The calm call handler who helped a schoolboy save his mum’s life

Ten-year-old Louie Dean was hailed as a hero after his diabetic mother passed out and crashed her car.

But control room operator Dave Smith also played a crucial role in ensuring a perilous situation had a happy outcome.

Louie was being driven home by his mum, Kate, when she blacked out at the wheel. With his mum too incoherent to speak to the emergency services, the youngster took over the 999 call to the control room at Wiltshire Police headquarters, while also trying to flag down passing drivers.

That’s when Dave Smith’s calm professionalism proved vital.

Louie Dean.JPG

Dave, a 999 Call Handler and Despatcher for the Wiltshire force for nine years, employed all his experience during a 20-minute call, calming the schoolboy down, reassuring him that help would soon be on its way and extracting vital information to establish where the crash had happened.

Dave said: “The boy was initially quite distressed, but he calmed down when he realised we were there to help him. I kept reassuring him that I wouldn’t leave him until we got somebody to the scene to give him and his mum the help they needed.

“I also gave Louie advice to keep him safe, while trying to prize information out of him that would pinpoint his location – what he could see, were there road signs or landmarks that could help us to find him? I then fed all that information into the log to inform the despatchers who relayed it to the police and ambulance teams.”

Dave’s handling of the call and identification of the location of the crash ensured police and ambulance crews were able to reach the pair as rapidly as possible, ensuring Louie’s mum received medical care and the risk of a further accident was avoided.

Louie, from Swindon, who was nine at the time, later received a certificate of recognition from Wiltshire Chief Constable Mike Veale, while his mum, who made a full recovery, hailed her son for saving her life.

Dave said: “I’m pleased the situation had a positive outcome – that’s what we all work for – and that the young lad has been recognised for what he did for his mum.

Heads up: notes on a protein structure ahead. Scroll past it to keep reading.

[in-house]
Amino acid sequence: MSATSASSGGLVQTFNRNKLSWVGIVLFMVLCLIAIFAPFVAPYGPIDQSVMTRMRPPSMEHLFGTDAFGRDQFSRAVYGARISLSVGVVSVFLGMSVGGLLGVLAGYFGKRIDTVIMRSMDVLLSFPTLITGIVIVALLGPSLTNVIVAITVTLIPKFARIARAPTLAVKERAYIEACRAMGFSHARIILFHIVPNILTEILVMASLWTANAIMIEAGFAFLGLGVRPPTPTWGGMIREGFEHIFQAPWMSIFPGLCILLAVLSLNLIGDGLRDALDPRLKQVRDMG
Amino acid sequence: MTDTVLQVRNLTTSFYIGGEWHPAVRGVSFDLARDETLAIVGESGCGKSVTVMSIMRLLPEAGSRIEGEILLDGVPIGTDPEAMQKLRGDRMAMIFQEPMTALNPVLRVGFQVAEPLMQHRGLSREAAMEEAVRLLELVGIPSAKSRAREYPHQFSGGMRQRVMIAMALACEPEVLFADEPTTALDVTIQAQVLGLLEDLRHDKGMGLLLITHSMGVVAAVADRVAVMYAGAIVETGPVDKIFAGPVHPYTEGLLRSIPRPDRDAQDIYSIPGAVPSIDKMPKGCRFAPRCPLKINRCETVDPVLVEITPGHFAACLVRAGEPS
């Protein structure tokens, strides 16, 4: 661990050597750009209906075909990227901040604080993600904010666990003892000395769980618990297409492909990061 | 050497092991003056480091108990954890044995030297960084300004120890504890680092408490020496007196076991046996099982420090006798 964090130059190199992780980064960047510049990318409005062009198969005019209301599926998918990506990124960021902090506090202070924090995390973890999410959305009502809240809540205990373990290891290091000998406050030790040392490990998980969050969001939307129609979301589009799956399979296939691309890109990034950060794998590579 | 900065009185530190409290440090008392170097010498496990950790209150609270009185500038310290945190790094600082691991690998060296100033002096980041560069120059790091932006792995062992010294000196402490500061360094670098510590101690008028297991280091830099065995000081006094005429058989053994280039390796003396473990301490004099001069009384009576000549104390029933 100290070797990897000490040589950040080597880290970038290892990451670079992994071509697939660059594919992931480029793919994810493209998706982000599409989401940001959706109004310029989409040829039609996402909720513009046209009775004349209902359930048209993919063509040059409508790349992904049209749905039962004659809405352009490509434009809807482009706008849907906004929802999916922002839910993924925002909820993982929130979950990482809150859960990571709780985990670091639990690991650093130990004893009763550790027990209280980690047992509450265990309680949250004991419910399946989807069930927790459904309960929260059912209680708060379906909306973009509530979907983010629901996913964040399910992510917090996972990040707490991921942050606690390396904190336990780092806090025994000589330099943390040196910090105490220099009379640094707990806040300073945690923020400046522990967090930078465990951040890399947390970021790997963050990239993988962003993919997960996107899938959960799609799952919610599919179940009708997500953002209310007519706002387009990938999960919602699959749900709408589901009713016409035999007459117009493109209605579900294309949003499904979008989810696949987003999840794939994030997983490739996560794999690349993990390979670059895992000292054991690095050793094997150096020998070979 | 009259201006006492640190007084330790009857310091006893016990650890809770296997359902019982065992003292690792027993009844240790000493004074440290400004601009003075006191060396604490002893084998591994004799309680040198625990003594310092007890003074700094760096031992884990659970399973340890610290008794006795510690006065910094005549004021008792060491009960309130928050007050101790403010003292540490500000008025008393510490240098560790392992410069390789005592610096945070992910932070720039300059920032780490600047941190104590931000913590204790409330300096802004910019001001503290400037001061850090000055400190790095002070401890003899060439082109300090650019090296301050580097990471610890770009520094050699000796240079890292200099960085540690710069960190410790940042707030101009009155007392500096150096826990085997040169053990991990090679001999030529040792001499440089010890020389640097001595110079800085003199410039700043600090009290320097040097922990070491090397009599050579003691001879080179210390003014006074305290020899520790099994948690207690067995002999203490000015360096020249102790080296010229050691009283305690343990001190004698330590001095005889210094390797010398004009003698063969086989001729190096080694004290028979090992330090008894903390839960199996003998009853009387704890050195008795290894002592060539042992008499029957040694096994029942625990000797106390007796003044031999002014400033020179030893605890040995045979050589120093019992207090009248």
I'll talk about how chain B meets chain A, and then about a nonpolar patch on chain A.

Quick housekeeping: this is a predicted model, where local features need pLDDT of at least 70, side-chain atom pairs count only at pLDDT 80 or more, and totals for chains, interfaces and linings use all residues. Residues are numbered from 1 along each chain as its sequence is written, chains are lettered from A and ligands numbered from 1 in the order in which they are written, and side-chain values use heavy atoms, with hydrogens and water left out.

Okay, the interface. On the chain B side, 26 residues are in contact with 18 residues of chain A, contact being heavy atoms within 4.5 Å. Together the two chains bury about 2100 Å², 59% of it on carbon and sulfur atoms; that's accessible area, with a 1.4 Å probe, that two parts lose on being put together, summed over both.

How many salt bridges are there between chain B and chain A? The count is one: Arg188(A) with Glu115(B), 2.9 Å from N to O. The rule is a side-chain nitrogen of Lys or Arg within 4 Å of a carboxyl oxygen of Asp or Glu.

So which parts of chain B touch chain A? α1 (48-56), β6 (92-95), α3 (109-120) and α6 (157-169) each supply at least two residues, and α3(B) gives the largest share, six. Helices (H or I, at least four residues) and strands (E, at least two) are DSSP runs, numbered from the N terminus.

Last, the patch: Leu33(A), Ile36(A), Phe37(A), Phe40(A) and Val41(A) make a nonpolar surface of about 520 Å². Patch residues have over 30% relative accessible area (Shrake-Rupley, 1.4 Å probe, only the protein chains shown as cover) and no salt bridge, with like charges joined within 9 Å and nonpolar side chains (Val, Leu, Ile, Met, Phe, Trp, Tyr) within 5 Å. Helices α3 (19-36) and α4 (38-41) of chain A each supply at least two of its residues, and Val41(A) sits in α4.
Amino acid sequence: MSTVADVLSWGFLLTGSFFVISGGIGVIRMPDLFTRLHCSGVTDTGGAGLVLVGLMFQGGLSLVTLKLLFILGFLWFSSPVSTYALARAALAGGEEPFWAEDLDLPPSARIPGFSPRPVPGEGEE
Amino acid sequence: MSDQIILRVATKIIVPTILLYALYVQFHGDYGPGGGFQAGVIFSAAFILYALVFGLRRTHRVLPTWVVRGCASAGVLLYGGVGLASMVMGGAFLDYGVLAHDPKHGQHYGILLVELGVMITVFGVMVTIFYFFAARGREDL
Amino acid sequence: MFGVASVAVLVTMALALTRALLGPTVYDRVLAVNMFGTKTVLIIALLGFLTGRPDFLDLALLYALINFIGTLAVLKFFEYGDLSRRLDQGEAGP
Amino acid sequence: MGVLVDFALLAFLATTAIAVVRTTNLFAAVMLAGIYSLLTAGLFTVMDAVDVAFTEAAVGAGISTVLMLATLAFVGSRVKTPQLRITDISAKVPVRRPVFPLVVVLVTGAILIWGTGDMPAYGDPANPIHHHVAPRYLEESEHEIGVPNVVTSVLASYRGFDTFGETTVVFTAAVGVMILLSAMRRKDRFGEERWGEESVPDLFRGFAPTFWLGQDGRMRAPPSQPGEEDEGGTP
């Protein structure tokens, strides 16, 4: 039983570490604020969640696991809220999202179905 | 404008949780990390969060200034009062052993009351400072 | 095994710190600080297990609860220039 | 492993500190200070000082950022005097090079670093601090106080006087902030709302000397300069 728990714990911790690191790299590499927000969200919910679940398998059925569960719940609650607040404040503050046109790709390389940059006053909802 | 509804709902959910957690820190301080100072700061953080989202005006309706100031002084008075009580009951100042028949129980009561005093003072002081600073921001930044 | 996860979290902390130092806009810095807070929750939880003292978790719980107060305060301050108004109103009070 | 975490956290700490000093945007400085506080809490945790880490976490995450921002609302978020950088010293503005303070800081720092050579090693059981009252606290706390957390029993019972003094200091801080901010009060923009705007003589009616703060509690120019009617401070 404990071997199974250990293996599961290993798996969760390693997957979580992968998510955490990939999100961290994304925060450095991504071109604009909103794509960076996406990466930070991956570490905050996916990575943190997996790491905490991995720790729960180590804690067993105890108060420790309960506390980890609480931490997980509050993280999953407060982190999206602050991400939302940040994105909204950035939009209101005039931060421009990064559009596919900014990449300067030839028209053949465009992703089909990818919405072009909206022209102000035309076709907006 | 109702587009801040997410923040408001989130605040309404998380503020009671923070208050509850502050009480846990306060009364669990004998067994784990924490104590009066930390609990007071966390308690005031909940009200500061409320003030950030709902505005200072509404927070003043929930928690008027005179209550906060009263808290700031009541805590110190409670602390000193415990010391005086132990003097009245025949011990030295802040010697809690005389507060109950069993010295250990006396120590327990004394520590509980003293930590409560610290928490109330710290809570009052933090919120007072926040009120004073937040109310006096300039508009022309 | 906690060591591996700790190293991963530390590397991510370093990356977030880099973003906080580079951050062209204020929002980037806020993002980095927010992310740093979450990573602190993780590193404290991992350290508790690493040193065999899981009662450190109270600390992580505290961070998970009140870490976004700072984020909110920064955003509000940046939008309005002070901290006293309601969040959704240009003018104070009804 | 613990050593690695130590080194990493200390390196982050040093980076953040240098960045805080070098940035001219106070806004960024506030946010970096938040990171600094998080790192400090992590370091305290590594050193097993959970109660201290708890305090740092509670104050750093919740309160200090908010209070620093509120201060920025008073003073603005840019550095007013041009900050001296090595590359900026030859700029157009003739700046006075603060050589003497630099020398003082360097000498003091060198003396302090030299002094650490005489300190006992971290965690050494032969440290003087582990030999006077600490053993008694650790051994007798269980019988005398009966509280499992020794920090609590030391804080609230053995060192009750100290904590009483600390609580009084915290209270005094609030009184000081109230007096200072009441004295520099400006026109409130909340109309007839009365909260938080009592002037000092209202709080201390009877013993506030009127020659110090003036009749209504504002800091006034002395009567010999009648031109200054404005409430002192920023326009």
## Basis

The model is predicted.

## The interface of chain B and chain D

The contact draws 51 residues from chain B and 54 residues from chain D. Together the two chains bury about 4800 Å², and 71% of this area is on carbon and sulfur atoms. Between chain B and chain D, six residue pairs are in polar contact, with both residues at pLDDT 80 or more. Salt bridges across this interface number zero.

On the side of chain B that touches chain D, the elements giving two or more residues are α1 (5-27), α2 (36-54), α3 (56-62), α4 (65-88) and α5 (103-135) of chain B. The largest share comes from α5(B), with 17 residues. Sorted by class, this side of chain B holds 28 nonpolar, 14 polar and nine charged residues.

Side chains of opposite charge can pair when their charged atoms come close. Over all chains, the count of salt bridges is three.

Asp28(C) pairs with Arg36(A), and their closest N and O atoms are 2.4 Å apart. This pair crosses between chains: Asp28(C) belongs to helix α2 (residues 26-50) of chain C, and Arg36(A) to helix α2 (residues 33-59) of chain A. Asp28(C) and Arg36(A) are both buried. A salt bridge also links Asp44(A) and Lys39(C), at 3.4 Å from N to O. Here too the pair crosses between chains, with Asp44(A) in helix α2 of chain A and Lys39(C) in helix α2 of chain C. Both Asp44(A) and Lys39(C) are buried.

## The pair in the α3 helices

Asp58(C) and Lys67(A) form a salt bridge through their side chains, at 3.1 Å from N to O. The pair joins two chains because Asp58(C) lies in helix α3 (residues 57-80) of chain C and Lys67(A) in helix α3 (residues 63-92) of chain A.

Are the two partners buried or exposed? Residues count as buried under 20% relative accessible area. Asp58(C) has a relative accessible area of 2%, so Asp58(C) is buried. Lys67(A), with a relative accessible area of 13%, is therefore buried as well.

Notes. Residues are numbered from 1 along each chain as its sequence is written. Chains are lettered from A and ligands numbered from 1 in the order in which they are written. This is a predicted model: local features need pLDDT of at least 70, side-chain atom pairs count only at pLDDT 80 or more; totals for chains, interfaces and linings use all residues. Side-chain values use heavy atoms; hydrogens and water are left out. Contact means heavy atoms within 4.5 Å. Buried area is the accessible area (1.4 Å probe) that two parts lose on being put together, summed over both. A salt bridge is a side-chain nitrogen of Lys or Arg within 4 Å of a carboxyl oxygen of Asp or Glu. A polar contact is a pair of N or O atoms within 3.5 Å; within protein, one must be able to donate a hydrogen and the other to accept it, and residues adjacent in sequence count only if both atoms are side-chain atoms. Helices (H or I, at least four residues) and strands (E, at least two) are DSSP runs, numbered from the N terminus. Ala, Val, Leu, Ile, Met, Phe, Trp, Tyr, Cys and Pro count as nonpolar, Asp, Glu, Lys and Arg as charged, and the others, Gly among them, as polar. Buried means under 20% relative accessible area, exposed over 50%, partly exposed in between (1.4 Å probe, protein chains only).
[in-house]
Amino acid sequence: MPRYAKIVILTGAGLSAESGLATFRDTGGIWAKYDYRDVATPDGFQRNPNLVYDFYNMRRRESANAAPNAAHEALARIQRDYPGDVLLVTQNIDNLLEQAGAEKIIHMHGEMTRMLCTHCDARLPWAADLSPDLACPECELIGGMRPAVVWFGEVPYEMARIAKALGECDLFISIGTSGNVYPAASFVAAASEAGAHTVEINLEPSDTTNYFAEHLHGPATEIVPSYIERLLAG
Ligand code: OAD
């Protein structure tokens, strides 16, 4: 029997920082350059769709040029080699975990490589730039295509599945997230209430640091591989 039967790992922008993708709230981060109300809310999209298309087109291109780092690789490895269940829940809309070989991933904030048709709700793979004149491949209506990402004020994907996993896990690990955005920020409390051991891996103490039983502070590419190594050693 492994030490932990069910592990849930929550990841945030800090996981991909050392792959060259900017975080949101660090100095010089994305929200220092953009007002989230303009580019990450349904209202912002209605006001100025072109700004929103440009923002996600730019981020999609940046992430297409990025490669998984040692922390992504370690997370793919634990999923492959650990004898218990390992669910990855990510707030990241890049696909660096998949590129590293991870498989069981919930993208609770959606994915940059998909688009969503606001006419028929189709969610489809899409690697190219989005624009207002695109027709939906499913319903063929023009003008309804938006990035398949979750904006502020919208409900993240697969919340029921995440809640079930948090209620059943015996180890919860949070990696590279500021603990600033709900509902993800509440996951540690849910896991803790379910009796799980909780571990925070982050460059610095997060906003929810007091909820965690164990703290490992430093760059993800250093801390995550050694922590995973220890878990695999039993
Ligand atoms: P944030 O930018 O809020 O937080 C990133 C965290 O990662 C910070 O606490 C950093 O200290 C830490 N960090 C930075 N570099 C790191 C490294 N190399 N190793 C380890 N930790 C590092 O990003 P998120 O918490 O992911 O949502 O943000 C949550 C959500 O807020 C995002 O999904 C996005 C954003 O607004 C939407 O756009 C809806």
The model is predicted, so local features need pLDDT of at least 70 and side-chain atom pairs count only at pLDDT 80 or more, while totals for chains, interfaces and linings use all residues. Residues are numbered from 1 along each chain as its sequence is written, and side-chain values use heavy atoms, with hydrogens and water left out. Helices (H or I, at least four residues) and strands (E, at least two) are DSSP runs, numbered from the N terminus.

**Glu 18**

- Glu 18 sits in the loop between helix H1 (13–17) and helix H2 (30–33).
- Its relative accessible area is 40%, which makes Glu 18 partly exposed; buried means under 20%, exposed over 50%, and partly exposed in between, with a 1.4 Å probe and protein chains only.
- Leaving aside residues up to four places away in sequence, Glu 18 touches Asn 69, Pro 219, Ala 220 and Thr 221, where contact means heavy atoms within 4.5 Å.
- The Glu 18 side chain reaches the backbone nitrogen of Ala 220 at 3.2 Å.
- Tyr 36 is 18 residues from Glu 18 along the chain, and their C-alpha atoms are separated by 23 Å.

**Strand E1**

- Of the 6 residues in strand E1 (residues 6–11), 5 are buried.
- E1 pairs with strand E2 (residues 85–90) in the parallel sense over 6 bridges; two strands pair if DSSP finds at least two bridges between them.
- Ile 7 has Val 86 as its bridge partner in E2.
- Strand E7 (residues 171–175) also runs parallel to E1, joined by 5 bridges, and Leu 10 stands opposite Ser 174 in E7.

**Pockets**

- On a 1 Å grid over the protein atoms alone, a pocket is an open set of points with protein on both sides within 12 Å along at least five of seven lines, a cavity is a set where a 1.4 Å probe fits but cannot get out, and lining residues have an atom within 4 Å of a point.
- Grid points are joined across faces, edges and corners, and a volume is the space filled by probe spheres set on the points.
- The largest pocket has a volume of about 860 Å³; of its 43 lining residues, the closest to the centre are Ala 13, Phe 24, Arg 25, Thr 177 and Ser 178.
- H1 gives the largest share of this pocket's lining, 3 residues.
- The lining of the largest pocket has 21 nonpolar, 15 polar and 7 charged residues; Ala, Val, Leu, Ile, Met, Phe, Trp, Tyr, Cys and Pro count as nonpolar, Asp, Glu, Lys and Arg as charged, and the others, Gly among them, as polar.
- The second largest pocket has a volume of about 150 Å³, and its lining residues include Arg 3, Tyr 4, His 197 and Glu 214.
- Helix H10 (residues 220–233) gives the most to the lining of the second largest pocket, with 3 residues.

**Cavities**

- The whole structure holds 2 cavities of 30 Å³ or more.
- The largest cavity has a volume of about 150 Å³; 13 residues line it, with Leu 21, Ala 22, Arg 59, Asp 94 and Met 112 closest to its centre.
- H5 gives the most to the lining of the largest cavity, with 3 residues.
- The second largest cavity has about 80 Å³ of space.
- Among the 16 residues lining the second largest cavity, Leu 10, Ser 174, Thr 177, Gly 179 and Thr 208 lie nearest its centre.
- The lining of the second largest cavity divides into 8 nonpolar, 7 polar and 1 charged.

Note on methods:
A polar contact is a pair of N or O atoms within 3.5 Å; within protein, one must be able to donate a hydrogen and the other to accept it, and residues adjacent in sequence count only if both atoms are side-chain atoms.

“I’m happy I was able to give them the help they needed and that it all turned out well. It’s what we’re trained to do.”

Dave’s boss, John Flynn, Head of Contact Management for Wiltshire Police, said: “It was a pretty tough set of circumstances for anybody to deal with. The boy was frightened, distressed and didn’t know what was happening to his mum or where he was.

“Dave couldn’t put his arm around the boy, give him a hug and tell him it was going to be OK. He had to use his communications skills to reassure the lad while, at the same time, getting information out of him in a structured format to ensure he could keep him and his mum safe.

“He did that expertly and with great skill. This incident is just one example of the brilliance that happens within control rooms up and down the country to keep people safe.”

Dave’s calm, efficient and caring handling of a critical situation illustrates why control room staff are so deserving of the recognition they will receive in the first Control Room Awards, launched by mission critical solutions specialist APD Communications.

And Dave said the awards would give welcome national profile to the vital work of staff in control rooms across the country.

He added: “We get recognised within the Wiltshire force for the work we do, but it’s good that these awards are on a national level.

“I don’t think many members of the public realise what we do on a daily basis. I’m sure they would be surprised by the situations we have to deal with and the skills we have to use.”

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Jane Cross